“Facing the Sun: The Celestial Body in the Arts,” an illuminating exhibition at the Musée Marmottan Monet, celebrates the sun as portrayed in art from the ancient world to the present.1 A main focus is Claude Monet’s Impression, Soleil Levant (Impression, Sunrise), painted on the morning of November 13, 1872. Impression, Soleil Levant is a centerpiece in the Marmottan Monet’s permanent collection, and the 150th anniversary of the painting’s creation inspired the museum’s present show together with Potsdam’s Barberini Museum and its large collection of Monets. By coincidence, the exhibition has opened after one of the sunniest summers in French history. Though we are now in the season of “mists and mellow fruitfulness,” to quote Keats, the recent Indian summer has reminded us of that celestial body’s persistent influence.
The exact moment depicted in Impression, Soleil Levant was 7:35 in the morning the day before the painter’s thirty-second birthday. The sun, a bright orange-red ball, rises through the gray-blue fog over little boats floating in the port of Le Havre below. By that time, Monet had already produced such masterpieces as Femmes au jardin (1866, Musée d’Orsay) and Jardin à Sainte-Adresse (1867, Metropolitan Museum of Art). He had been in London in 1870 at the time of the German invasion of France and was inspired by Turner’s paintings. In his way, Turner was an Impressionist before Monet. The exhibition includes two Turners: the misty Sun Setting Through Vapour (1809) and the glowing Mortlake Terrace (1827).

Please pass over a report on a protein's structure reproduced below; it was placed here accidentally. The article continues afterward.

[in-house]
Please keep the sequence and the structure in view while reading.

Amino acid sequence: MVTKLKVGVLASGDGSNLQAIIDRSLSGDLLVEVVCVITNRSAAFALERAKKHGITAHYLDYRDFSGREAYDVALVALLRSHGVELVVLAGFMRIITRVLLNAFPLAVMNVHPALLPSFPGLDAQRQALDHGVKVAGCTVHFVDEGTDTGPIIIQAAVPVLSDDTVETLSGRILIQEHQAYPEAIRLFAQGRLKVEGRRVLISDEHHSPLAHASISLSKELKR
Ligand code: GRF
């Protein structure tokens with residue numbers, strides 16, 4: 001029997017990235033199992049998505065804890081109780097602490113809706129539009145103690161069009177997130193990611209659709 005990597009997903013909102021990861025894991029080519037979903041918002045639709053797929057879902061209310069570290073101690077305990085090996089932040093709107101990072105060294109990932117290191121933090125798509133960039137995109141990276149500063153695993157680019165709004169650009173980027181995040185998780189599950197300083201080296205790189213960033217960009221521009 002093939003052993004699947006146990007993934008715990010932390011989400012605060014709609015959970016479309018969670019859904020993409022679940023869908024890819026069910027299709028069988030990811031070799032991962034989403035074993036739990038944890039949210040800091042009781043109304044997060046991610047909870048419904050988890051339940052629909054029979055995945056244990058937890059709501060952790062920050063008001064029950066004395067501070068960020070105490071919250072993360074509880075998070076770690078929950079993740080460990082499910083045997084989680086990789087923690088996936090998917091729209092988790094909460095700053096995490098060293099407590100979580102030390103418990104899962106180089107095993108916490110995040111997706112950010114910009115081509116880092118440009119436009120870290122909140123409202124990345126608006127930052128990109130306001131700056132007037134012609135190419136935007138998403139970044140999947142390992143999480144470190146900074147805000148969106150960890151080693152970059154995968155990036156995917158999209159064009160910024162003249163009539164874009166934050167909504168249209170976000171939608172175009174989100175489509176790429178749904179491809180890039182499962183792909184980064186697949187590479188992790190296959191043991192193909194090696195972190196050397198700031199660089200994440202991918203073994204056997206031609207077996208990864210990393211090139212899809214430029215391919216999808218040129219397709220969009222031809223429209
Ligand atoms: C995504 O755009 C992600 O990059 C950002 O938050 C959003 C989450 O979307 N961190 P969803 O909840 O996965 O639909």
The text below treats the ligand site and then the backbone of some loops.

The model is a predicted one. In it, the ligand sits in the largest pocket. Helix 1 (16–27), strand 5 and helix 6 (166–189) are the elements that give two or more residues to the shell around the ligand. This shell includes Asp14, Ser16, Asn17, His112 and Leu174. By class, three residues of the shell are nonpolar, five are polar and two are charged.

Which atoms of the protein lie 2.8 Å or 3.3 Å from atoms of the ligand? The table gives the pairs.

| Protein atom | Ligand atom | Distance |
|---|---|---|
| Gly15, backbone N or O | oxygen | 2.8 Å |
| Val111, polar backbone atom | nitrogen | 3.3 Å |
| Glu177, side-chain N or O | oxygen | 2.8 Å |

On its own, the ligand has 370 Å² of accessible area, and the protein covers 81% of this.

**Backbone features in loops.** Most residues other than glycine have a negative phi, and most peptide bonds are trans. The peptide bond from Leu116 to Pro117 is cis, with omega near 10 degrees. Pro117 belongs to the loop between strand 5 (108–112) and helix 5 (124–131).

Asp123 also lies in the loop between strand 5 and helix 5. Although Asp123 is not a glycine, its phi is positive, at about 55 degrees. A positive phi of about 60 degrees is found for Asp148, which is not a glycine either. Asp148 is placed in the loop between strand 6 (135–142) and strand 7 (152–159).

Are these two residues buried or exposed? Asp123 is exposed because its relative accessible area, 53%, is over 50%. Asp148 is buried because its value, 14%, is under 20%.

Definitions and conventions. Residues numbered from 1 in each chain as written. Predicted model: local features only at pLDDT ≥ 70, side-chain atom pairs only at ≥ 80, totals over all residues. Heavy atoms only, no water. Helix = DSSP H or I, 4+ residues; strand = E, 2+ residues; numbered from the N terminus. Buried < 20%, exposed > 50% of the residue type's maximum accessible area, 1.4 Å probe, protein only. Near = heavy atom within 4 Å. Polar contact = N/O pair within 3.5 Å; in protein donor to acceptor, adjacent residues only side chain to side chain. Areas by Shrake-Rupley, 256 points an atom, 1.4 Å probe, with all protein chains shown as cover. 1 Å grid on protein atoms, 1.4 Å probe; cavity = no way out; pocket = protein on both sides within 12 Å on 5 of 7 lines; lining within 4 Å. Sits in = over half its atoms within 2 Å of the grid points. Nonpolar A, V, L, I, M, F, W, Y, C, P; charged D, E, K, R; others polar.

Artists, famous or anonymous, have been depicting their visions of the sun—the “celestial body”—since antiquity, and the exhibition presents us with such visions from every period of human history. Small turquoise devotional amulets dated to over a thousand years before Christ show how the ancients worshipped the star as their central god. A bust of the sun depicted with Alexander the Great’s face sits nearby a medallion of Icarus, that early example of the potential ill effects of sunbathing. We also see a golden head of the Greek sun god Helios with twenty-eight emanating rays of light, a symbol later appropriated by Louis XIV. In the seventeenth century, Louis XIV, popularly nicknamed le Roi Soleil, adapted the sun to the context of absolute kingship: like the sun, Louis was the center of the universe. Medals made for Louis by Jean Varin and Jean Mauger merge the king’s likeness with the sun’s rays in a way reminiscent of the golden head of Helios—though much of Europe found that Louis’ sunlight burned a little too bright for comfort. In 1672, Charles de La Fosse painted a glorious Le Char d’Apollon (The Chariot of Apollo), a clear symbol of Louis’ glory. Other competing absolute monarchs, such as the Austrian emperor, replicated Louis’ sun motif.